[Solved] 1 switch to control 2 power sources

I have 4 AA batteries powering an LED array and a 9V powering my Arduino and a radio receiver.

I would like to have just 1 on/off switch to turn on both power sources but since each have a separate circuit, I can't come up with a way to do it. Is this possible and if so, how would I wire it up?

A double pole switch?

(two switches in one)

I dont think so. I want if the switch is on then both circuits are on and if the switch is off, then both are off. Never a 1 on 1 off situation.

What if I used a transistor so that if I turned the switch on, it would turn on the 9V which would have a lead to the transistor to start powering the 4 AA batteries?

Use a On/Off DPDT switch:

A double pole, single throw is what is needed.

Of course a double pole double throw would work, but half of your switch would be unused. May be easier to locate tho.

shiznatix: I dont think so. I want if the switch is on then both circuits are on and if the switch is off, then both are off. Never a 1 on 1 off situation.

That's exactly what a double pole switch does.

Sometime a picture is worth a thousand words.

Ahha, ok, I understand now.

But, theoretically, could a transistor work for this? Have 2 separate grounds and Vcc lines with the switch powering the 9V which is connected to the base of the transistor and completes the circuit of the 4 AA's? I am just asking because these are things that I could get today but getting the proper power switch and settings everything to a common ground would take me much more time. Are there any reasons one would be better than the other?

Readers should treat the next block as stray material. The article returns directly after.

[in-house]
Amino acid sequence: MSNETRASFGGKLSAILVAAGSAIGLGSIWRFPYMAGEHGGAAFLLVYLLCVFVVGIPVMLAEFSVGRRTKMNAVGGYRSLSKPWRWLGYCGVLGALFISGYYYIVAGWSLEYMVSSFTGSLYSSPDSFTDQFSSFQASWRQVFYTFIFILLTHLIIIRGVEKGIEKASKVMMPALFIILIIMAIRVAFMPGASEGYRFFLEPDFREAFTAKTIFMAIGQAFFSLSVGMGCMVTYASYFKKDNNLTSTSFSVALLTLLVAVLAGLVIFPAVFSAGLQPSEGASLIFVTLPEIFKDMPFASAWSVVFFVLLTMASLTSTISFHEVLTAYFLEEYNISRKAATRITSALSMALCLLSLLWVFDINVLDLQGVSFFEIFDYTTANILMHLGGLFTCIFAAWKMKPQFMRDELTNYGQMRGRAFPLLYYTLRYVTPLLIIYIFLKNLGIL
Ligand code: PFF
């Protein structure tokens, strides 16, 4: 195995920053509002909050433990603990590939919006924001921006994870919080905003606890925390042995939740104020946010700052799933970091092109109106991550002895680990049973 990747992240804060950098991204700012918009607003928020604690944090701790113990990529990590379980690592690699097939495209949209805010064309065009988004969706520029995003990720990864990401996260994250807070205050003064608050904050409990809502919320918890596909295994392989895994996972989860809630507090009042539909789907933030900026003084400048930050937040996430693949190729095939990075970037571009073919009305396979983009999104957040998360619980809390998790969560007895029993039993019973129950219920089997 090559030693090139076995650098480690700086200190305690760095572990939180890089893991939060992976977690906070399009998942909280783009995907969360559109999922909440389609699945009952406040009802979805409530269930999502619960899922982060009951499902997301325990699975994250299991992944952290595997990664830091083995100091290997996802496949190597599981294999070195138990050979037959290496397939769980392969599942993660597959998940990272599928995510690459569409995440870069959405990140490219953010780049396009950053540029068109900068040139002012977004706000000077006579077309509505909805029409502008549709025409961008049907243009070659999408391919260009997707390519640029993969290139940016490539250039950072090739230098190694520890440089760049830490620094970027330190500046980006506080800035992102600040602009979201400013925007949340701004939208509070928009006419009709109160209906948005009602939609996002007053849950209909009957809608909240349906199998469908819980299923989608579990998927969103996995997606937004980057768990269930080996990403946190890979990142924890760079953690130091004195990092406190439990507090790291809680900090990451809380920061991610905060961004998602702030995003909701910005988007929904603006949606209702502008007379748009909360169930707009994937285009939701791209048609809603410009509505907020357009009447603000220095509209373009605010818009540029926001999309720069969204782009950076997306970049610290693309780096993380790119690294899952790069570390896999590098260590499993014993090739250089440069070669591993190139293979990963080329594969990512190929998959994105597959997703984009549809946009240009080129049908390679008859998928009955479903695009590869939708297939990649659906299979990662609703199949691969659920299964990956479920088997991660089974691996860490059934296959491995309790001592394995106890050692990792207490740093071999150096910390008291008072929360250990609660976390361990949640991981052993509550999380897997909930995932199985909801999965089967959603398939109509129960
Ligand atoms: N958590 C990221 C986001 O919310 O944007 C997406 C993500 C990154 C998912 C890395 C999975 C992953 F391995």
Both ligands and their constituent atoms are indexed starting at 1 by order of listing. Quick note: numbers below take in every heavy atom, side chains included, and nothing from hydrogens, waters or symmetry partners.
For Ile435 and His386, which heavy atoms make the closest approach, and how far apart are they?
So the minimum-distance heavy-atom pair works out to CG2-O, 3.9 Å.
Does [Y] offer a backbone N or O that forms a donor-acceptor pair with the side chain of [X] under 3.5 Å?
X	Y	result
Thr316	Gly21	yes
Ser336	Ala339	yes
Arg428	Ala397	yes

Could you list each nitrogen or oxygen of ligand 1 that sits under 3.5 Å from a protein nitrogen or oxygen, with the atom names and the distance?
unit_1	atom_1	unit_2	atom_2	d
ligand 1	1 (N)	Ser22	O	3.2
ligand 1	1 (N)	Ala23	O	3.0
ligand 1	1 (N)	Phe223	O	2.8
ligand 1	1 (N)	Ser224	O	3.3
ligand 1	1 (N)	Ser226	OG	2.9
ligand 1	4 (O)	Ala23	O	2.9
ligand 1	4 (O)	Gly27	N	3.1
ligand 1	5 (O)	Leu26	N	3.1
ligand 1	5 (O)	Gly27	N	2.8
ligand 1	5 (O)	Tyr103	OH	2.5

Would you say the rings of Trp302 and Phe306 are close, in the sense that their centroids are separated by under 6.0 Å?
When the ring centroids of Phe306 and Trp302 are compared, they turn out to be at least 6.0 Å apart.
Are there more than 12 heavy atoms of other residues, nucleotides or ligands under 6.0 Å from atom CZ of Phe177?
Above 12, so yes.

shiznatix: Ahha, ok, I understand now.

But, theoretically, could a transistor work for this? Have 2 separate grounds and Vcc lines with the switch powering the 9V which is connected to the base of the transistor and completes the circuit of the 4 AA's?

Sure, but: a) The 9V and 5V grounds have to be tied together. b) The transistor goes after the LED array, ie. transistor's emitter is connected to ground (assuming an NPN transistor). c) Add a pull-down resistor to the transistor base.

Or maybe do it the other way around, ie. make the 5V turn on the 9V.

It doesn't matter to me which turns on the other, it is just that i did a bunch of assembly without thinking properly about the on/off switch and made both circuits separate.

So, I am looking for a way to do it without making them a common ground and whatnot but would it really matter if I just physically connected the 2 ground lines?

Also, what would be the difference if I made the 5V turn on the 9V with a transistor?

I don't understand yet. Do you want them to have a common ground or not? Are the two circuits connected together, or completely separate?

You don't have a switch laying around, or a store close to you?

I think for what you have said so far, the switch will be much better.

I don't want them to have a common ground, no.

I have a switch here but I tried to use the transistor and had odd results (could get some current to the test LED but only when I held the 9V battery - I think I might have wired it incorrectly?).

Stores are a pain here. Very painful.

The switch could be gotten but I still would prefer a non-common ground.